Social Science Research

People and marine resources

The SDG Narrative - Mariam and Hamisi

Note: In the following narrative, {curly brackets} link each part of the narrative with the adjacent image, while the text and icons in the image link to each SDG

{1} Mariam and Hamisi live from the sea. He catches fish, which she sells 3–4 days a week in the local markets, their combined income paying for school fees, their health needs, repairing their house, etc. This evokes a number of the goals—from fish catch and their jobs and income, and the benefits to their household through nutrition, income, health, and gender roles.

{2} Their livelihood is entirely dependent on the local reef, which also sustains the broader fishing community. Through its representative fisher association, 

{3} the community has co-management responsibilities with the local government to manage its members’ fishing activity, including by establishing closed areas to enable reproduction and regeneration of fish stocks. 

{4} The closed areas attract interest from the local tourism sector, which is growing with coastal intensification and small-town development, bringing additional income into the local community and diversified jobs for local tourism operators, shopkeepers, and others. As interest in marine biodiversity and development impacts increases

{5}, a range of community groups, non-government organizations and even researchers, engage with local issues to maintain natural assets and support diverse social programmes. Having gone to college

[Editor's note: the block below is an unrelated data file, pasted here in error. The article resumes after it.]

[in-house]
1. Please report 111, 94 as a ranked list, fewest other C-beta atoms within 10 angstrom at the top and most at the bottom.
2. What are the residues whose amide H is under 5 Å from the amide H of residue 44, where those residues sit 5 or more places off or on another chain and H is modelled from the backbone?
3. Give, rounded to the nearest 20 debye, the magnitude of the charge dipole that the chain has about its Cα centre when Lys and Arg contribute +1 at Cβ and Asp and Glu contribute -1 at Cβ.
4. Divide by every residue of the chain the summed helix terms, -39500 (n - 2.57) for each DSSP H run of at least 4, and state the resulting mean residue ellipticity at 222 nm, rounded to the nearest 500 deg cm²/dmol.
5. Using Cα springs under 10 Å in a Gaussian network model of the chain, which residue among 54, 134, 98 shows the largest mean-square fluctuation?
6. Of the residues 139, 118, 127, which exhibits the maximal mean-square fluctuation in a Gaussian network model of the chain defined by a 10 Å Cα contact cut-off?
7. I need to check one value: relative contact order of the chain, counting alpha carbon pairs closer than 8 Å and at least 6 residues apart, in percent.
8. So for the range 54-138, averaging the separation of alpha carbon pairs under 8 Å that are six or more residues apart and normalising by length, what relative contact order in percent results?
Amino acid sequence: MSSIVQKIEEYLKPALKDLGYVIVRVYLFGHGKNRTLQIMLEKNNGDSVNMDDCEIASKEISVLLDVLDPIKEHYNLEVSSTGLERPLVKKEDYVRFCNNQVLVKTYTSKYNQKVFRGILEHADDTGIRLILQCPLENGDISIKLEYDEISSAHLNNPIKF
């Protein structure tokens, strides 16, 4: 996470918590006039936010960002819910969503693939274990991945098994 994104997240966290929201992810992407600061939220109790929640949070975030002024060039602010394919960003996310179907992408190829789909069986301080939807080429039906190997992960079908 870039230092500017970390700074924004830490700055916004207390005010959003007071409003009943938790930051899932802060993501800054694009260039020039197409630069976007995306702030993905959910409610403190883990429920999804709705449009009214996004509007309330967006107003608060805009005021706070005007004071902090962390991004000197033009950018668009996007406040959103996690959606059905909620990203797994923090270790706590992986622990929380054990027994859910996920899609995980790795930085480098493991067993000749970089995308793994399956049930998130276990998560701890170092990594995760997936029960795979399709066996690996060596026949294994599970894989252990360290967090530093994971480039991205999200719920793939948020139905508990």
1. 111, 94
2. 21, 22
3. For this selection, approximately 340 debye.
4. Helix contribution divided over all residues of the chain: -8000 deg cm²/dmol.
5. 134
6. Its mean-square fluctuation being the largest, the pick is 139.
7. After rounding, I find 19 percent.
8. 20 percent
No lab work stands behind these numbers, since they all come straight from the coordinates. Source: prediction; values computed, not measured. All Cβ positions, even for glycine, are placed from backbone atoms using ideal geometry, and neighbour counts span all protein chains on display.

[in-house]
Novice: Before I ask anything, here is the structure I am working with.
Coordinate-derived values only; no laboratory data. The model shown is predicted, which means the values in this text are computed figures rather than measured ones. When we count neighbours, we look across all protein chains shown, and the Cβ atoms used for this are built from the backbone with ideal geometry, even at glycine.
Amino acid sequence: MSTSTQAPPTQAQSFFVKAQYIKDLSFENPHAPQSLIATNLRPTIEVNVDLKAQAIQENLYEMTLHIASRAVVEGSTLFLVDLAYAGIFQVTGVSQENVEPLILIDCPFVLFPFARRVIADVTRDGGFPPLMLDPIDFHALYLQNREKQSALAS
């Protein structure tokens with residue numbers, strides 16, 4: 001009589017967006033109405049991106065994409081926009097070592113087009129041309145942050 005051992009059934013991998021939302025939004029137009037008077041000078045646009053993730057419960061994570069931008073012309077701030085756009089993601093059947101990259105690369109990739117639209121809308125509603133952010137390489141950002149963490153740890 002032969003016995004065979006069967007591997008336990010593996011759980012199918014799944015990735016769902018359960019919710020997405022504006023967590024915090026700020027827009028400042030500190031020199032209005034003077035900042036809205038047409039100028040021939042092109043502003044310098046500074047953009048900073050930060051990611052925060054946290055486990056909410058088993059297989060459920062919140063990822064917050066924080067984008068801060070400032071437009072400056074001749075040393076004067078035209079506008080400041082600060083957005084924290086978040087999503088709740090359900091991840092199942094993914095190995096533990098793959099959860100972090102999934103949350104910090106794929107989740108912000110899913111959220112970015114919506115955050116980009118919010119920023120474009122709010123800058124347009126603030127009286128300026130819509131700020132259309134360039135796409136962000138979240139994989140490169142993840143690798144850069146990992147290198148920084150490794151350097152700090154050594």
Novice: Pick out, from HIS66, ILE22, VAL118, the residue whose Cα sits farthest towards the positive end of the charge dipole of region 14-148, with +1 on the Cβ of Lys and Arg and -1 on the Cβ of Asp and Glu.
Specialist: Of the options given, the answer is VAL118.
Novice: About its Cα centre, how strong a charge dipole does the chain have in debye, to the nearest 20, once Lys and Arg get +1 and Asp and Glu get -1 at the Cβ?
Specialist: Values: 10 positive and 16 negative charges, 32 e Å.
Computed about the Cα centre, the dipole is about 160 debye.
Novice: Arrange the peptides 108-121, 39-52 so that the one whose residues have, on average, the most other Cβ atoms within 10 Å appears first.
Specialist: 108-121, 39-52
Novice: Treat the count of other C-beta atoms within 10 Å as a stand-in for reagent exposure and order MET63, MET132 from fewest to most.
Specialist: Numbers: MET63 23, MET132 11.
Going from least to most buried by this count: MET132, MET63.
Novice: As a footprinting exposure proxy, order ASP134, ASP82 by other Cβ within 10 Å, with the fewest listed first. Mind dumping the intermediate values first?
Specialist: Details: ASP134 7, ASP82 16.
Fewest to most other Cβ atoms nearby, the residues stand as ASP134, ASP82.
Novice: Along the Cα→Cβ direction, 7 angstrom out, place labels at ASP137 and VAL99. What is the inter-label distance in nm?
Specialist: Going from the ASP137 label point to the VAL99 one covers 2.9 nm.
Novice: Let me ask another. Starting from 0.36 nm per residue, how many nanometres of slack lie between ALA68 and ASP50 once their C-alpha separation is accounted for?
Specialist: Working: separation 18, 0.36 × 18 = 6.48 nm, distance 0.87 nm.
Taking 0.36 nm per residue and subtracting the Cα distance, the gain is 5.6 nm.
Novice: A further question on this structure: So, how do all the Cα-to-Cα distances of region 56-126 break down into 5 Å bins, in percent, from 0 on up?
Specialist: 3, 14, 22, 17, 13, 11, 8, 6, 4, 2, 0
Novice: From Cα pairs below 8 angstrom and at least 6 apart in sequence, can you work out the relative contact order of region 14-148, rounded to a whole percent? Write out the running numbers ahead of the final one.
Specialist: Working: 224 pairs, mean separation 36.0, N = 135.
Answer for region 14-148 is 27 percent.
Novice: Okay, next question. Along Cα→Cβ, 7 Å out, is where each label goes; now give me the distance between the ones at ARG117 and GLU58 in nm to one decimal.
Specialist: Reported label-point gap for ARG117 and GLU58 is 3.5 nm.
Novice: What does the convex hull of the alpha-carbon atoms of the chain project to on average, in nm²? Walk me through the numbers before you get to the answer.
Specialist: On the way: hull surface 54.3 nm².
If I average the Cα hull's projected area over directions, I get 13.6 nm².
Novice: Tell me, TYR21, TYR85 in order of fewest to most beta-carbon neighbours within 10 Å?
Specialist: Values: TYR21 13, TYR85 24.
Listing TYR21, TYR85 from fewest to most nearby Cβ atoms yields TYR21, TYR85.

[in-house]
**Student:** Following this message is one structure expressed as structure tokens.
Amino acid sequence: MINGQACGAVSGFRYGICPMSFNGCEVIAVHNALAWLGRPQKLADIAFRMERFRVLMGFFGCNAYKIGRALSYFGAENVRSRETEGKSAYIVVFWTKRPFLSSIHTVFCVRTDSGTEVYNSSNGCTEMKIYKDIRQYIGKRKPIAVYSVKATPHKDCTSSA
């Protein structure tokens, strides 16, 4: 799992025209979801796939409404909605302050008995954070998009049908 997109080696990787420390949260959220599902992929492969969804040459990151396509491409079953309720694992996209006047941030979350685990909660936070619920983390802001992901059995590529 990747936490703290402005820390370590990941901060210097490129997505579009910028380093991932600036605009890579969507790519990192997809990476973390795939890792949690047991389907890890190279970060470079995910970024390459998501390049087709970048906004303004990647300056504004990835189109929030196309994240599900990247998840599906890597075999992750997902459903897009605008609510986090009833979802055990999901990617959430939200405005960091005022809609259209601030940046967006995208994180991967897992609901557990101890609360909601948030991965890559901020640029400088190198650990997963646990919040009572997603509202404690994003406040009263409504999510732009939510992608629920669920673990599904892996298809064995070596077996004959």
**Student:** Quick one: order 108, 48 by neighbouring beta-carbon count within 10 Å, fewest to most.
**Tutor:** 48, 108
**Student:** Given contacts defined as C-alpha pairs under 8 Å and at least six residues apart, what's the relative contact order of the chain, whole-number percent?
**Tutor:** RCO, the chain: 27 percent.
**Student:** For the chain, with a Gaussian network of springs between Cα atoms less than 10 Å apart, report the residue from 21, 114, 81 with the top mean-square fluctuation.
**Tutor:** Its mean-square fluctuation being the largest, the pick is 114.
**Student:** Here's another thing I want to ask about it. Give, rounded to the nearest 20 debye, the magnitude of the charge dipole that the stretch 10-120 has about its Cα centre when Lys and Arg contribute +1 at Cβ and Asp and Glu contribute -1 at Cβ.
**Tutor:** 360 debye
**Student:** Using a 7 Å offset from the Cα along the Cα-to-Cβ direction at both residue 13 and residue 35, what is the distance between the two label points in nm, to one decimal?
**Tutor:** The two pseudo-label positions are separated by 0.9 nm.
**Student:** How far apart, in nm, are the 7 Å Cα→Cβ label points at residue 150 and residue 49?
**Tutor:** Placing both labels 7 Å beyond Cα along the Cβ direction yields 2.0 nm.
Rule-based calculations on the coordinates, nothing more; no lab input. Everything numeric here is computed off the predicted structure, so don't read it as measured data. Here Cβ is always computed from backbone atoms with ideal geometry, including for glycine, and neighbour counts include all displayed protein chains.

{6}, Mariam and Hamisi’s daughter not only works in the town as an electrician but invests in a cold-store business to link her family and other fisher households to local markets.

{7} The seascape is experiencing impacts from climate change, with the coral reefs bleaching and losing coral twice in the last decade, stimulating local leaders to lobby the government for climate action and commitment to the Paris Agreement. Conscious of the international travel that brings tourists, the business association puts in place varied climate mitigation and adaptation actions, including through replanting of coastal forests and mangroves, and committing to solar and other renewable energy technologies. 

{8} As stakeholders in the land- and seascape engage, the local government authorities establish platforms to facilitate broader participation and engagement, incentivising individual actions towards sustainability, and removing barriers to innovation and action. To ensure all interests are addressed, firm commitments to equity are made

{9} across income and stakeholder groups, for women, children and vulnerable groups